by John Calvin (compiled by John H. Kromminga)
So the angel that communed with me said unto me, Cry thou, saying, Thus saith the Lord of hosts; I am jealous for Jerusalem and for Zion with a great jealousy. —Zechariah 1:14
When God says that he was moved with great zeal for Jerusalem and Zion it is according to the common language of Scripture. For as God cannot otherwise sufficiently express the ineffable favor which he has towards his elect, he is pleased to adopt this similitude, that he undertakes the defence of his people, according to what is done by a husband who fights with the greatest zeal for his own wife. This is the reason why he says that he was zealous for Jerusalem.
And we ought especially to notice this mode of speaking, that we may not think that God is indifferent when he delays and defers his aid; for as we are hasty in our wishes, so we would have God to be hasty in the same manner, and we impute to him indifference when he does not hasten according to our desires.
These doubts God checks when he testifies that he is zealous: for he intimates that his slowness did not proceed from neglect, or because he despised or disregarded them; but that there was another reason why he held them in suspense.
We may therefore be fully persuaded that even when God withholds his aid, he is not otherwise affected towards us than the best of fathers towards his own children. And further, that the signs of his love do not appear because it is not always expedient for us to be delivered soon from our troubles.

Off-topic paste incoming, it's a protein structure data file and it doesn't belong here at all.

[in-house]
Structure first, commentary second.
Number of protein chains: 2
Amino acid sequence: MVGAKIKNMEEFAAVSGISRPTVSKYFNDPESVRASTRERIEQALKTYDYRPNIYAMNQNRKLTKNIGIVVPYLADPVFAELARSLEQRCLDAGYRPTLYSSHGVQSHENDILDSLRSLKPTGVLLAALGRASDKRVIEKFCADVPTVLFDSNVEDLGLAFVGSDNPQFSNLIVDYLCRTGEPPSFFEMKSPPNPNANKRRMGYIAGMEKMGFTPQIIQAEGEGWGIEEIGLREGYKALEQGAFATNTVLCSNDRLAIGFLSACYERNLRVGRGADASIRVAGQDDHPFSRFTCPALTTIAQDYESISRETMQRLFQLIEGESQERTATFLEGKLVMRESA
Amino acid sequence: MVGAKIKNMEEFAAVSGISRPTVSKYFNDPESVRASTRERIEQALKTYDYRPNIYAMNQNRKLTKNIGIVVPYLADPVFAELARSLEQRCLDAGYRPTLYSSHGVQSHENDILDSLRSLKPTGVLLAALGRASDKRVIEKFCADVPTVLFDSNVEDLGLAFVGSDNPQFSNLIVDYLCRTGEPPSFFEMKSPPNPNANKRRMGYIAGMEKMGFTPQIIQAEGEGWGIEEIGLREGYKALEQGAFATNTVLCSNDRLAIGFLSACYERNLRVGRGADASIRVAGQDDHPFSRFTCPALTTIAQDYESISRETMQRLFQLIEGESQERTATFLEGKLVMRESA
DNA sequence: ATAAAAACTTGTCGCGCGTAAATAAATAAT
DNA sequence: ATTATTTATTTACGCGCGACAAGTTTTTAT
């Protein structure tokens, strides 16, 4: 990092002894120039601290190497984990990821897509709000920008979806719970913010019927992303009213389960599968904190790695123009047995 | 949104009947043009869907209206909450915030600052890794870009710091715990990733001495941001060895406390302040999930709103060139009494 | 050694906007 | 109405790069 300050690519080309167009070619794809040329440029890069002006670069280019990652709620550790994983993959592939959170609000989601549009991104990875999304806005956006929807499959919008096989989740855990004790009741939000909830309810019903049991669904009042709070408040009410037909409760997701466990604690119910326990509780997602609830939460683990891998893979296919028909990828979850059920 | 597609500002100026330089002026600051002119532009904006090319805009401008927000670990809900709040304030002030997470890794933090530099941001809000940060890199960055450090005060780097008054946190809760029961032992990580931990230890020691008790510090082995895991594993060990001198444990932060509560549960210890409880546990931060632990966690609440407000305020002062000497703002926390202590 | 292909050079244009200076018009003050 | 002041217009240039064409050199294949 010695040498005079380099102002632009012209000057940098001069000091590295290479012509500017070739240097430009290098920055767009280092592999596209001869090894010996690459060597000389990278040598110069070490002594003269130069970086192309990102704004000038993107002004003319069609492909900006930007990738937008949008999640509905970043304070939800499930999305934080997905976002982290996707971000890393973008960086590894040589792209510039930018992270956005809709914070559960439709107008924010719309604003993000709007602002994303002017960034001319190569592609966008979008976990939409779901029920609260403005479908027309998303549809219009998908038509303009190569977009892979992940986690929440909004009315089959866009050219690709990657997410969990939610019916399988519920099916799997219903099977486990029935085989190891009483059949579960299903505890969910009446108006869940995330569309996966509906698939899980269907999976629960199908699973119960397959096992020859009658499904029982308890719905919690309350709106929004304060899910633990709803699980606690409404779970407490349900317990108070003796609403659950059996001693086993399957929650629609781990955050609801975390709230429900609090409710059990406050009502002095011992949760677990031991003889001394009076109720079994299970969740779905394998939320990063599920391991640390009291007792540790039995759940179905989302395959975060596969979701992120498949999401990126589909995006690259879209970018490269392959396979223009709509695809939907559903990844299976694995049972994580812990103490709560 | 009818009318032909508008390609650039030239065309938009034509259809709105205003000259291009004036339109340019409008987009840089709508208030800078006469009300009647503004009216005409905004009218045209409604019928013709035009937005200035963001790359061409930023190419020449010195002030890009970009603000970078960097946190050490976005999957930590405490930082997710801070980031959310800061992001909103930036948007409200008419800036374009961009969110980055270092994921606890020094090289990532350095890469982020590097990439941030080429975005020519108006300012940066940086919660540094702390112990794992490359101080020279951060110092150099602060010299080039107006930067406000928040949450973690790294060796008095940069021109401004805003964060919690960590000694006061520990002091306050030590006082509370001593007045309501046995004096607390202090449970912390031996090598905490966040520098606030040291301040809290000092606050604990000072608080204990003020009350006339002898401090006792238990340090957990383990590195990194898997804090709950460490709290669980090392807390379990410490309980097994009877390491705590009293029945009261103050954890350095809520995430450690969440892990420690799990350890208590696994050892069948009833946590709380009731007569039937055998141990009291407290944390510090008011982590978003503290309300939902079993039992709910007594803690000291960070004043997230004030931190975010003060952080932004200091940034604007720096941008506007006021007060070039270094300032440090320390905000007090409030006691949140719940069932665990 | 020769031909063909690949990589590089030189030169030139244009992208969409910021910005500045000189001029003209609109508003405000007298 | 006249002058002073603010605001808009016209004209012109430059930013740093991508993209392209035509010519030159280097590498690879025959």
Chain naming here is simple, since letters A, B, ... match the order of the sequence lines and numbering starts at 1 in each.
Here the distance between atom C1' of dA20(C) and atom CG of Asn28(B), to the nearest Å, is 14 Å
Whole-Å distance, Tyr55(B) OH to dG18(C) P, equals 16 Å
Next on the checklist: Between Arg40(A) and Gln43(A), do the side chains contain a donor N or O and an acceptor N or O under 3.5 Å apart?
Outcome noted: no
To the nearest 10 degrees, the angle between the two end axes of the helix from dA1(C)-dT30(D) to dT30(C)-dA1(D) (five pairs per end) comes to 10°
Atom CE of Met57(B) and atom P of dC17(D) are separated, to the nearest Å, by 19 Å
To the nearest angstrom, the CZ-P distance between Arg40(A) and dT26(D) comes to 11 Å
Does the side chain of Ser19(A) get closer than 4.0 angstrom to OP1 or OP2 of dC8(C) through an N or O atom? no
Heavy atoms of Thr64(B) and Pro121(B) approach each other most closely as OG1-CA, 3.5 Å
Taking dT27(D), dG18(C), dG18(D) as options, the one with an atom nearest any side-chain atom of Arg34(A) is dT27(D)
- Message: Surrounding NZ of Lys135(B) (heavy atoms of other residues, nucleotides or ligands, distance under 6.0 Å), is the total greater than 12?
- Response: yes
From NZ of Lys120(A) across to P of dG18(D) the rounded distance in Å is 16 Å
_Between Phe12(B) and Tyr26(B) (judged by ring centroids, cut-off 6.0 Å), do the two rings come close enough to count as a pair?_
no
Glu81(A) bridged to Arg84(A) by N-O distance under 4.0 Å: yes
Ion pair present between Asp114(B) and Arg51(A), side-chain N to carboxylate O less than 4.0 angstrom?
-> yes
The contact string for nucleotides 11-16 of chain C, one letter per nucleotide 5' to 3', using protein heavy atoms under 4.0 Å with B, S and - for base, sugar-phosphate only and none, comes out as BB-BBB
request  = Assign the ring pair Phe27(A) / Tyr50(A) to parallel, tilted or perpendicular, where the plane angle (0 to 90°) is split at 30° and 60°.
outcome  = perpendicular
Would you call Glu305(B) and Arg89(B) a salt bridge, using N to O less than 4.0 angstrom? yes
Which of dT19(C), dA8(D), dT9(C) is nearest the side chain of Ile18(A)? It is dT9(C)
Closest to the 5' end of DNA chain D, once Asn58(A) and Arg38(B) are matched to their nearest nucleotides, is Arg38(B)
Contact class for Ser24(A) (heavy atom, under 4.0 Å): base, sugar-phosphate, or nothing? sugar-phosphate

Let this then be our shield against all hasty desires, so that we may not indulge our too ardent wishes, or think that our salvation is neglected by God, when he hides himself for a time and does not immediately stretch forth his hand to help us. —Commentaries
John Calvin was the premier theologian of the Reformation, but also a pious and godly Christian pastor who endeavored throughout his life to point men and women to Christ. We are grateful to Reformation Heritage Books for permission to use John Calvin's Thine Is My Heart as our daily devotional for 2013 on the OPC Web site. You can currently obtain a printed copy of that book from Reformation Heritage Books.
Dr. Joel Beeke, who is editorial director of Reformation Heritage Books, has this to say:
"Calvin shows us the piety of a Reformed theologian who speaks from the heart. Having tasted the goodness and grace of God in Jesus Christ, he pursued piety by seeking to know and do God’s will every day. He communed with Christ, practicing repentance, self-denial, and cross-bearing. Moreover, his theology worked itself out in heart-felt, Christ-honoring piety. The selections of this devotional bear this out, and hopefully will be used by God to direct pious hearts in our own day."
These devotional readings from John Calvin were compiled by John H. Kromminga. Be sure to read his "Introduction" to John Calvin's Thine Is My Heart.